"Lady Green-Sleeves" is an occultist love story with no real detection. "The Fire Unquenchable" tells of a series of mysterious fires and poltergeist activity ties into a deceased poet's unfinished work. "The Vampire" is a fun variation, mixing vampirism with possession. "The Boy of Blackstock" revolves around a haunting and an unhappy marriage. "The Indissoluble Bond" is more mystical in exploring a girl's bond to a man who may be her destruction. "The Fear" is a more straightforward tale of a destructive haunting.

The stories do follow a progression; the narrator, Dexter, moves from being an acquaintance hearing some stories, to Vance's partner in detection. And there's a thread in these stories that distresses me...a few times, the solution to a haunting is the complete razing and destruction of an old manor or castle, something that would have M. R. James screaming in horror. It made me blanch, that's for sure.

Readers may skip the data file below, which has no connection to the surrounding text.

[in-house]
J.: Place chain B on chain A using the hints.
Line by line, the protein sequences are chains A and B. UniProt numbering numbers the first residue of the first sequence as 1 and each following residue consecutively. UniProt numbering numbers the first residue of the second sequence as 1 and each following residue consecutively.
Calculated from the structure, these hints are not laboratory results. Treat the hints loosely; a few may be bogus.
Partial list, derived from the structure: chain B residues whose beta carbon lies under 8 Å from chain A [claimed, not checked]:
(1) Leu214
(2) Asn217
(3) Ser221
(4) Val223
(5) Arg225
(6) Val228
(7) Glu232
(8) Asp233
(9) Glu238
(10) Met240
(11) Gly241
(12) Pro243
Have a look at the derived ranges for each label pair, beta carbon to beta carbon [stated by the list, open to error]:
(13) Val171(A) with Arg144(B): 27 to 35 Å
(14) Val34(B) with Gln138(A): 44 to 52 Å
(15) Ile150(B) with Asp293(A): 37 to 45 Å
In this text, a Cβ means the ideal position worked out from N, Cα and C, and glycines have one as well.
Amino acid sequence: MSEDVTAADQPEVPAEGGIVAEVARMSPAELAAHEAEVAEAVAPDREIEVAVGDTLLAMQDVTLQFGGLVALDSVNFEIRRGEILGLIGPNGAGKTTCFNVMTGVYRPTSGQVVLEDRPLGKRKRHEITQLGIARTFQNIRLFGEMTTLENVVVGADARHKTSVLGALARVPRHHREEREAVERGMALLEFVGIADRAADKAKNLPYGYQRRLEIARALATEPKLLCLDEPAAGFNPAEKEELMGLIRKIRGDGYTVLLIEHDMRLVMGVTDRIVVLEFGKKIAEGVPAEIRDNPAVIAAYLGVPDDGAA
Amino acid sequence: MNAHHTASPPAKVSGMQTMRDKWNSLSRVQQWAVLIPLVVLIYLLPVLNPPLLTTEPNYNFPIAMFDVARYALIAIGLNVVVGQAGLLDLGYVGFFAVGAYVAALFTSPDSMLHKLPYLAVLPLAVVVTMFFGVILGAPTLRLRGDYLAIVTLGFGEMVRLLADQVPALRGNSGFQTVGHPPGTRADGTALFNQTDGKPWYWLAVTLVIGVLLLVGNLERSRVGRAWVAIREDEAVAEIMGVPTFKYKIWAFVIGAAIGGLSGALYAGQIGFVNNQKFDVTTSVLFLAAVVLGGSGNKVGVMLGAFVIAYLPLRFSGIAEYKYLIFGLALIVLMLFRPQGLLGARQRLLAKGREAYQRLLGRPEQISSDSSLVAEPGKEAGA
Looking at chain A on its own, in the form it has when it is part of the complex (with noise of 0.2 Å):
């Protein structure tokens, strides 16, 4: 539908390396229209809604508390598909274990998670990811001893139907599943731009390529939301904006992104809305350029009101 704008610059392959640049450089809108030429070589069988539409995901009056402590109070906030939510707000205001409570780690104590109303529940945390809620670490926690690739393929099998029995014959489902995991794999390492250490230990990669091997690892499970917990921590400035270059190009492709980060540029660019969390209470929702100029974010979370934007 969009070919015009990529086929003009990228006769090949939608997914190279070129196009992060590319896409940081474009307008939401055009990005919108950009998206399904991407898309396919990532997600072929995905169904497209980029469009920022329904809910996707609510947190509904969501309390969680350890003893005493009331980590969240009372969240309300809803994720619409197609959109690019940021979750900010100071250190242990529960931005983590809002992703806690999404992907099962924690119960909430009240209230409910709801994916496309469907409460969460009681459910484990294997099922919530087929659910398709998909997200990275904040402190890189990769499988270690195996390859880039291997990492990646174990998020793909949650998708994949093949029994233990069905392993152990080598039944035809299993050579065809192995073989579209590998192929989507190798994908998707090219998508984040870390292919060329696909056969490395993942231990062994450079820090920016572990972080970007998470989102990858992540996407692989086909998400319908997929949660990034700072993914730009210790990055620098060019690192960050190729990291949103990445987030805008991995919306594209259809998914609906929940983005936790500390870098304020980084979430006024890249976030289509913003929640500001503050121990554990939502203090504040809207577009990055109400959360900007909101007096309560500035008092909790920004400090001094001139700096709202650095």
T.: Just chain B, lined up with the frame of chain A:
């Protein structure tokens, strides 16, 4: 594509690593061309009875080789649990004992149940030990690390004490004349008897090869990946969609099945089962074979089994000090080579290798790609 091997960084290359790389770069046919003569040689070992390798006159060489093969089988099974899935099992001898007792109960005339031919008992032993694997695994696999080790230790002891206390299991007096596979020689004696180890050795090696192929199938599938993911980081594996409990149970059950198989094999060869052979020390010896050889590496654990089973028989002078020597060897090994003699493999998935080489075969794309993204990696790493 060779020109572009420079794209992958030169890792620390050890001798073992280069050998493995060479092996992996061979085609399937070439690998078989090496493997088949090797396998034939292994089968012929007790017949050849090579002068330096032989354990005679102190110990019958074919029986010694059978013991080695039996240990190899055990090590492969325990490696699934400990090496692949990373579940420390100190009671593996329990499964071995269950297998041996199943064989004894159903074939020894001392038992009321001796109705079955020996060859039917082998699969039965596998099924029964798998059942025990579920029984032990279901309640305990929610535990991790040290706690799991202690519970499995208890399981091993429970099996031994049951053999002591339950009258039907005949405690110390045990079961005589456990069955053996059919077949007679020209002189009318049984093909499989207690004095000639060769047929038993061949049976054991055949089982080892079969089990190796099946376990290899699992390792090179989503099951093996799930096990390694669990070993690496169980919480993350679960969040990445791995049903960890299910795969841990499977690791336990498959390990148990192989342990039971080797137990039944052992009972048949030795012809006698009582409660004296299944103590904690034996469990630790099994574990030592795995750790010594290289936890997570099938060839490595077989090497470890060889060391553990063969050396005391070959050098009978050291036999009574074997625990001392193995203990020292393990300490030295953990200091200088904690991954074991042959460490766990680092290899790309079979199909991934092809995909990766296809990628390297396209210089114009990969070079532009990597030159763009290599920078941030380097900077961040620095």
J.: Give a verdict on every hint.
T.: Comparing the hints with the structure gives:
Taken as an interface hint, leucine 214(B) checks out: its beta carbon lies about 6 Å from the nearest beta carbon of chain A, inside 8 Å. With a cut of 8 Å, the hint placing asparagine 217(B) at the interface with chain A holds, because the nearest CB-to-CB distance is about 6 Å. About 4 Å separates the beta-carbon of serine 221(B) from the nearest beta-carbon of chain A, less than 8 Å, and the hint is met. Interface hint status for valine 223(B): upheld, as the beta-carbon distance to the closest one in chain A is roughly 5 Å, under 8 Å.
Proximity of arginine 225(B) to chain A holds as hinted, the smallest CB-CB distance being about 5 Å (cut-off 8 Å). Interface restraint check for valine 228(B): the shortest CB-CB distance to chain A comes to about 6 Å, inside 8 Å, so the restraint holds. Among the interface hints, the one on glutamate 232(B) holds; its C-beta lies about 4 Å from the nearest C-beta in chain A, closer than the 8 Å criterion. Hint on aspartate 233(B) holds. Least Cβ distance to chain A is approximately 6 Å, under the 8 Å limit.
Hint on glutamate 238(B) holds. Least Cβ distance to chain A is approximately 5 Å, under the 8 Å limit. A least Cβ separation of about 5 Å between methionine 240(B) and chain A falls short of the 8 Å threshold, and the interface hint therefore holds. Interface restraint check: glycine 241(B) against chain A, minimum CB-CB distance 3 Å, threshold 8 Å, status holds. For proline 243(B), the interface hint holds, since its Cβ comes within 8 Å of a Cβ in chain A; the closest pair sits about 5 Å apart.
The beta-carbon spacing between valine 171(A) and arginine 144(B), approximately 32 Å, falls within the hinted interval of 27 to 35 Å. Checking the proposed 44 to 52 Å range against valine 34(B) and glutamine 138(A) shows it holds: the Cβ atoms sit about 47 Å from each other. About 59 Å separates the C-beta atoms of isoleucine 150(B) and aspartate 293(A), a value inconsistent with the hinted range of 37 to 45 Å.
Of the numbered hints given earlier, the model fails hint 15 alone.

This entertaining collection can be purchased by itself in paperback by the aforementioned Wordsworth Editions, but you can also get an electronic edition from Ash-Tree Press that contains two other collection of occult detection, Rose Champion de Crespigny's Norton Vyse stories, and Kate & Hesketh Prichard's Flaxman Low stories. Take your pick with these.

Thursday, November 7, 2013

Dust & Corruption Calendar for November 2013

November is cold, chilly, and often gray. But when the days are good, they're wonderful. Now that the clocks have changed, it's dark earlier and it's more convenient to spend time by the fireside. Or to go out and partake of some entertainment....

As always, the Observatory in Brooklyn, NY, has a schedule of fascinating talks and workshops.

And Atlas Obscura always lists interesting things in different cities.